To Drill Or Not To Drill For Oil Beneath Big Cypress National Preserve, That Is The Question
If there weren't enough controversial issues swirling about Big Cypress National Preserve, a cash-strapped Miami-Dade County has been mulling the possibility of drilling for oil beneath the preserve.
Why? To help pay for the expansion of Miami-Dade International Airport.
According to the Broward Group of the Sierra Club, the county owns 23,840 acres within Big Cypress that once upon a time was viewed as the footprint for a new airport. The bulk of the mineral rights beneath that property belong to Collier Resources, Inc. In return for letting the company drill for oil, the county would get royalties of approximately 8 percent, according to the chapter.
"The oil is of small quantity and of low grade - on an annual basis the money would not be significant. But with its location on the boundary between the Big Cypress National Preserve and Everglades National Park, the consequences of this industrial operation could be enormous," chapter officials say.
"Blasting which occurs during oil exploration, the dredge and fill operations which would be needed to create a stable pad for the pumps, the road building necessary to service the operation, and the always present danger of spills of petroleum and other chemicals are completely incompatible with the years of effort being exerted to restore Florida's Everglades. It is also contrary to the conditions necessary to sustaining habitat for a countless variety of increasingly rare plants and animals."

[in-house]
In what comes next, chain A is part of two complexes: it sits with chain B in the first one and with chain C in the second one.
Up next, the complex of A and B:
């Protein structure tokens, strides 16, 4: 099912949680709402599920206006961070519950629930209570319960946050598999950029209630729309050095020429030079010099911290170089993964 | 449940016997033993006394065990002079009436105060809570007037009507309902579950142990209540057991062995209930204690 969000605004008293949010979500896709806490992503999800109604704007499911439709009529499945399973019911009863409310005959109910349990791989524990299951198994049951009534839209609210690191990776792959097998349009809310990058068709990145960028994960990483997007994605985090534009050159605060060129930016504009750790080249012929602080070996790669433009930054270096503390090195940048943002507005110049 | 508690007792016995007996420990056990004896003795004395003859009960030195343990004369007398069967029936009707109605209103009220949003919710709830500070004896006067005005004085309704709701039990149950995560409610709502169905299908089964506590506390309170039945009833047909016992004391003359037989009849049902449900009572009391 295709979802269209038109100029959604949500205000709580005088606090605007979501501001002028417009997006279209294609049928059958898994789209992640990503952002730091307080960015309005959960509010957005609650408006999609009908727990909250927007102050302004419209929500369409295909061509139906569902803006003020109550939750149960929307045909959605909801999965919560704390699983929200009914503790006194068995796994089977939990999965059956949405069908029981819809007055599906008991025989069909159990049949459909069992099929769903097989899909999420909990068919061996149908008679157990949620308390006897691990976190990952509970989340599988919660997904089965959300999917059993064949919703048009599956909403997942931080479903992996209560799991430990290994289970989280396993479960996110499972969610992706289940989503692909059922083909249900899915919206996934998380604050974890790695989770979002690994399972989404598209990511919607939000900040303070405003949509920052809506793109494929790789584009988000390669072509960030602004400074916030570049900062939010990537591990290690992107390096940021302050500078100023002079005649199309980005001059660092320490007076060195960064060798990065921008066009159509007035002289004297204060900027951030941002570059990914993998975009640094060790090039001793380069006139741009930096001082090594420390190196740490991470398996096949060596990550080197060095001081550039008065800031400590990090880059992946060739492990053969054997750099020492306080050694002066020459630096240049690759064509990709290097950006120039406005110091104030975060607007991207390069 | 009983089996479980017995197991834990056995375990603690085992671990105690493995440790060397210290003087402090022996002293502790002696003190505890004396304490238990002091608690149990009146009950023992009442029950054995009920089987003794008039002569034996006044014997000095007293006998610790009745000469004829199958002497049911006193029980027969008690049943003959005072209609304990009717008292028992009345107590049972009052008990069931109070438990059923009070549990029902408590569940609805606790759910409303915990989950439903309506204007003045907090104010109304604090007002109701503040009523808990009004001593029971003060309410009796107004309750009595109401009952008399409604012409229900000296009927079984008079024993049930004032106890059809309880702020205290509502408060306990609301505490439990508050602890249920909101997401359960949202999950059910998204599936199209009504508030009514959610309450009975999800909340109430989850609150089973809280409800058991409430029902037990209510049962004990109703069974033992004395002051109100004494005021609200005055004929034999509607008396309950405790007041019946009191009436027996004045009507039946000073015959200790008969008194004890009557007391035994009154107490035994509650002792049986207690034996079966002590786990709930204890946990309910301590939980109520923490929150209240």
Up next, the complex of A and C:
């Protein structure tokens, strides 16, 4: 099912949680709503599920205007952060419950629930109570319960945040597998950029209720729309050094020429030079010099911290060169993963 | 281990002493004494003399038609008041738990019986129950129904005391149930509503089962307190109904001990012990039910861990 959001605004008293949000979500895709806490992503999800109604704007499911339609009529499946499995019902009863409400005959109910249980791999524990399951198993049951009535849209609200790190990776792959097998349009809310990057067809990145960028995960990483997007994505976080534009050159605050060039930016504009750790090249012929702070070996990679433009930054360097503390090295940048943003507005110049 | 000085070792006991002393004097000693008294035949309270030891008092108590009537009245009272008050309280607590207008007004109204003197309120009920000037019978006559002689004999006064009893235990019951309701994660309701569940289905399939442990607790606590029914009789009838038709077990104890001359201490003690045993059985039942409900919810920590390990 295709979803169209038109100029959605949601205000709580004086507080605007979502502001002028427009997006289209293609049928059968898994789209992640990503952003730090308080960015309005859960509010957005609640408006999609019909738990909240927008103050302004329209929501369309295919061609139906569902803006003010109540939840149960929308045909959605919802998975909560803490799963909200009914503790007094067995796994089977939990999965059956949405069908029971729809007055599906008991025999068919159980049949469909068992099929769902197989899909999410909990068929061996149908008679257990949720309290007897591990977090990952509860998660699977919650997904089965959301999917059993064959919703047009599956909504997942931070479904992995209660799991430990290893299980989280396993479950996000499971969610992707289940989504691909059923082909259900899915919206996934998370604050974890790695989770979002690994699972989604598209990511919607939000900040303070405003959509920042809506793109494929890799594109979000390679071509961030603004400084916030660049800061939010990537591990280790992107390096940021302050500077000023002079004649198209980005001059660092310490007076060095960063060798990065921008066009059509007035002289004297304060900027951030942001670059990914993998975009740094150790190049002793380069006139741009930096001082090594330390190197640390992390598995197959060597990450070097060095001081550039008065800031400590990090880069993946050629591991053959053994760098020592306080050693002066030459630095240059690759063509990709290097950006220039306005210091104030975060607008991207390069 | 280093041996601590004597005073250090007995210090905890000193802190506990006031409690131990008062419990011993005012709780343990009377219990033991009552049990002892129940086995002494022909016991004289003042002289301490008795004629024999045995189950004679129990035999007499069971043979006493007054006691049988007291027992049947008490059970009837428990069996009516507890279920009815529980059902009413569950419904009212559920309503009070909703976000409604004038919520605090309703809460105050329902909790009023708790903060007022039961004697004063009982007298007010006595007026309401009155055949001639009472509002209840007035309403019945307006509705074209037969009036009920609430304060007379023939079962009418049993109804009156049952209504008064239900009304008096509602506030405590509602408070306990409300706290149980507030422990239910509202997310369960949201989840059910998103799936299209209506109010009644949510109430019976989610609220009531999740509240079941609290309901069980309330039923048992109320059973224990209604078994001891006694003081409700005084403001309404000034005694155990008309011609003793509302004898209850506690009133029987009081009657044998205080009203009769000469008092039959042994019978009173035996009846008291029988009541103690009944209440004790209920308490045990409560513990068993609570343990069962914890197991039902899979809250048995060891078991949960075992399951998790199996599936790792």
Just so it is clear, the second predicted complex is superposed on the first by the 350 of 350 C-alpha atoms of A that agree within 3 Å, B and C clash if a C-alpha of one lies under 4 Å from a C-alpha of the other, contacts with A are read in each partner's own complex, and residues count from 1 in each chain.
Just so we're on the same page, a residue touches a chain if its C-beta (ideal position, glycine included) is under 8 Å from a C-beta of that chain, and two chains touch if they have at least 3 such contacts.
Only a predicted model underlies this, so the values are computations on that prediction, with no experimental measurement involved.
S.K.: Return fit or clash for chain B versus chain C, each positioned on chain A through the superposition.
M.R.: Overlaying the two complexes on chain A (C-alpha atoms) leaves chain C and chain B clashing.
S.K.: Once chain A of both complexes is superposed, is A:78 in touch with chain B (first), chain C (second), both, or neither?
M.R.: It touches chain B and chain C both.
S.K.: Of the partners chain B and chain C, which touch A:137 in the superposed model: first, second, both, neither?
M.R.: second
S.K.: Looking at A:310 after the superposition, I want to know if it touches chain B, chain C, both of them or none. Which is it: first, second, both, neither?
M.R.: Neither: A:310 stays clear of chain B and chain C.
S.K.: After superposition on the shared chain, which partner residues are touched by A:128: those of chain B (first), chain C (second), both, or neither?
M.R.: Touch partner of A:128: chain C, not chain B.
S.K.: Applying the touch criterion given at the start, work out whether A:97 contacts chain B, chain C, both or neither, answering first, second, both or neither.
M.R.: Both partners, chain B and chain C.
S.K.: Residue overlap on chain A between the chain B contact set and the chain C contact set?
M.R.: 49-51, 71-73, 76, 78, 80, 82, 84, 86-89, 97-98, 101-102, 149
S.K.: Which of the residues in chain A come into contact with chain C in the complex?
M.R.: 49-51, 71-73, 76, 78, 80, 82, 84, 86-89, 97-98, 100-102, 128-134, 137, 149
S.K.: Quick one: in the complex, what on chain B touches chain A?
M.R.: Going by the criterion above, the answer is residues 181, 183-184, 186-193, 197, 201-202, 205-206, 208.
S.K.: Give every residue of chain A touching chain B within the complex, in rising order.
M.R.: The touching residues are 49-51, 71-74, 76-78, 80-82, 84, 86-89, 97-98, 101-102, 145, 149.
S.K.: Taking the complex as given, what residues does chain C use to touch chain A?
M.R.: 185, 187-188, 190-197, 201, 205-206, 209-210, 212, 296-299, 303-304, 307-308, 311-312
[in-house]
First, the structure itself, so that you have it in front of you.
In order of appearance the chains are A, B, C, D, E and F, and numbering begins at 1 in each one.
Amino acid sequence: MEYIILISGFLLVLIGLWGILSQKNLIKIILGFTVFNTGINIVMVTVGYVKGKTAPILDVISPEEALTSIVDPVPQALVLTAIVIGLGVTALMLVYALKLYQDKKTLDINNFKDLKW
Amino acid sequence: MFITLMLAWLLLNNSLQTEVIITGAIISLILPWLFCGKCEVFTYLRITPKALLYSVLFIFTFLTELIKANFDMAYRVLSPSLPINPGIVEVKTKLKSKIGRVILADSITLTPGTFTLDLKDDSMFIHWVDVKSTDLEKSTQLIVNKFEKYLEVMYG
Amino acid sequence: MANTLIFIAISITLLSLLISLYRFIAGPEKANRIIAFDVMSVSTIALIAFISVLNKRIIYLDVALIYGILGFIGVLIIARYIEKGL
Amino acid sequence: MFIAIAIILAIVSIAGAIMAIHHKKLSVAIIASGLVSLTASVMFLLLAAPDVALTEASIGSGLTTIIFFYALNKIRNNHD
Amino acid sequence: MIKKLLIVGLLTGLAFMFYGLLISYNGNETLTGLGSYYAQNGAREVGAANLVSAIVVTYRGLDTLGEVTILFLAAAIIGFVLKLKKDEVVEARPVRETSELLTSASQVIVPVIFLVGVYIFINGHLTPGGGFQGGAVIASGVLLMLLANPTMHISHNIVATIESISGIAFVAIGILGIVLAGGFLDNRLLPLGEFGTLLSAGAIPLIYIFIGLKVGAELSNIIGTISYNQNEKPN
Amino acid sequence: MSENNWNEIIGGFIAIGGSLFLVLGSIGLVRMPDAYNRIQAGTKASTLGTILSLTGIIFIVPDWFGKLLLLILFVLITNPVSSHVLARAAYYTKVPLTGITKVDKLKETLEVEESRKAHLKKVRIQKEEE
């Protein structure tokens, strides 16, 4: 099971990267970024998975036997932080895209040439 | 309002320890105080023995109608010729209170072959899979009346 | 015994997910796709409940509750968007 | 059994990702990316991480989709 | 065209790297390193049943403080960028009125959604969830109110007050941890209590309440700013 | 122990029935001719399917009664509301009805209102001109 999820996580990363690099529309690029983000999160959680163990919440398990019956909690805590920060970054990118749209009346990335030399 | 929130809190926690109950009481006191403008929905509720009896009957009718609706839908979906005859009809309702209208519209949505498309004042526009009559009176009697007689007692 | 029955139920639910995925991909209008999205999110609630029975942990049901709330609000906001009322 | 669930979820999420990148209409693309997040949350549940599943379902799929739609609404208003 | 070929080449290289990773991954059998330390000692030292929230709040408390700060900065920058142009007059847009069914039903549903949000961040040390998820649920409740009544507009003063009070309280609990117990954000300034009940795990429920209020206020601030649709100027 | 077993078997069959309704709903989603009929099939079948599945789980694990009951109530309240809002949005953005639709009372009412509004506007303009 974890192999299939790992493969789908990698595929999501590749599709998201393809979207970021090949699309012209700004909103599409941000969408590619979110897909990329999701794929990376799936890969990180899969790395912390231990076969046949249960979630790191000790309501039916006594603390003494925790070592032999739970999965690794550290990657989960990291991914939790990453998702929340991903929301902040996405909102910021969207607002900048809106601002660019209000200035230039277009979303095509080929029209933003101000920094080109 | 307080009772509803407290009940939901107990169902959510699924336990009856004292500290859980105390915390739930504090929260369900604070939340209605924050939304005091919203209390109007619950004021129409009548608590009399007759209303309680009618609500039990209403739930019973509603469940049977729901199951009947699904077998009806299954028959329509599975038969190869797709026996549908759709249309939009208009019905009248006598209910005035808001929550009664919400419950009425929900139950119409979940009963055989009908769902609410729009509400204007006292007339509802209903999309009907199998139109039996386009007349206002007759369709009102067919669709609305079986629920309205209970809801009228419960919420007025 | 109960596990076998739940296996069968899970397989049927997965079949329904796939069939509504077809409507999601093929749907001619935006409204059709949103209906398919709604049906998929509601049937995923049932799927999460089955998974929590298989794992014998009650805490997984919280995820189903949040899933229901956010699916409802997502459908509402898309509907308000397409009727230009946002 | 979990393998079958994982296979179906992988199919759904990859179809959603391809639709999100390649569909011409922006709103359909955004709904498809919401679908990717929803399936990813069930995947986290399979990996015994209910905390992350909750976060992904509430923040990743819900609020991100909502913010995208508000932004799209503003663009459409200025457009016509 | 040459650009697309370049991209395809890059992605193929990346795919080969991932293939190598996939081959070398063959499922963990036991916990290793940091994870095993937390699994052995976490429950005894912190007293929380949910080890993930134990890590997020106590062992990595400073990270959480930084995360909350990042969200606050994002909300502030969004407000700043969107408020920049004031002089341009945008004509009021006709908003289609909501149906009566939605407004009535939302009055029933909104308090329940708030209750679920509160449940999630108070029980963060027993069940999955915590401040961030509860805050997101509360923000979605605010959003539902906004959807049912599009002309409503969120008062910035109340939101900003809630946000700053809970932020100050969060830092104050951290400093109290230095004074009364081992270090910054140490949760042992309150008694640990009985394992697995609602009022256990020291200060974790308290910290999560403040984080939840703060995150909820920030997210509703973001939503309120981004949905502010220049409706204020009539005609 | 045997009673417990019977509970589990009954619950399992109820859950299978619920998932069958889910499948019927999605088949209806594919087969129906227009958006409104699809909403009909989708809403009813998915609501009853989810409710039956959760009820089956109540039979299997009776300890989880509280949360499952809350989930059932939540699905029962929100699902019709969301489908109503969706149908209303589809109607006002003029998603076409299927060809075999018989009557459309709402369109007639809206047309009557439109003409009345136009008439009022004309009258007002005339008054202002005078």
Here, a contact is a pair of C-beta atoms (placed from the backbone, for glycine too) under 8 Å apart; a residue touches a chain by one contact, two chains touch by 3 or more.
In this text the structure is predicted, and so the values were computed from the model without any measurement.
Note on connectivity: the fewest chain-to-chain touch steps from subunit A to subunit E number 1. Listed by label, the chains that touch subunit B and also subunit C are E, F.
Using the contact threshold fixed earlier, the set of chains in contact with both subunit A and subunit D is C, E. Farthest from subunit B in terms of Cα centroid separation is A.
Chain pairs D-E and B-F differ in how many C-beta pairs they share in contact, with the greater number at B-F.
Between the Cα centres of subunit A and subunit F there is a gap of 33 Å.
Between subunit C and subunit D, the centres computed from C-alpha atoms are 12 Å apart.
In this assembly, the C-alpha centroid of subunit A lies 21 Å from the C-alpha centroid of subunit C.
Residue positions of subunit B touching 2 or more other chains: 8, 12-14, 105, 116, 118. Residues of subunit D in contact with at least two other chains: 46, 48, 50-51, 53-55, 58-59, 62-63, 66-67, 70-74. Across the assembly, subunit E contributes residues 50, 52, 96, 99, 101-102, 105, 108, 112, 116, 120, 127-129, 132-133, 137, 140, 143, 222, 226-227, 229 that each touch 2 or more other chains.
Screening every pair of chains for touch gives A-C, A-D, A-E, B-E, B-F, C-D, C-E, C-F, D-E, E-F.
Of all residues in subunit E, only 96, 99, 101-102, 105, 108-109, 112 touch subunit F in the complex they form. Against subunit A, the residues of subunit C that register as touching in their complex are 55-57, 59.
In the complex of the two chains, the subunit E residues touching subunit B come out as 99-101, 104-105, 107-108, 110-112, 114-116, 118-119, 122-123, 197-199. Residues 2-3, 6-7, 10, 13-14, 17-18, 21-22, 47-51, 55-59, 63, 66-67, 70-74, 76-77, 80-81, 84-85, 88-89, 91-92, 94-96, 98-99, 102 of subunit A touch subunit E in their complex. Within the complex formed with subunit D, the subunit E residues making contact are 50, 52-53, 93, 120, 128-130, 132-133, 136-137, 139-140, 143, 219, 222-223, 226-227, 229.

The Miami Herald editorialized against the drilling proposal on Tuesday.
In search of money to help pay off Miami International Airport's expansion, officials want the county to consider drilling for oil and gas at an old jet port that's now part of the Big Cypress National Wildlife Preserve as one potential way to get money.
Other options on the table: rock mining at the 23,840-acre site between Miami and Naples or allow a park for off-road vehicles that tear up the terrain.
As desperation moves go, these options are the mother of all dunderhead schemes.
Miami-Dade Mayor Carlos Alvarez pulled the jet port option proposal from the county commission's Tuesday calendar, according to his spokeswoman, Victoria Mallette, because the ``mayor is not comfortable with it.''
Wise call, Mr. Mayor.
While the matter has been put off indefinitely, you can still voice your opposition to it by contacting members of the Miami-Dade County Commission: , , , , , , , , , , , ,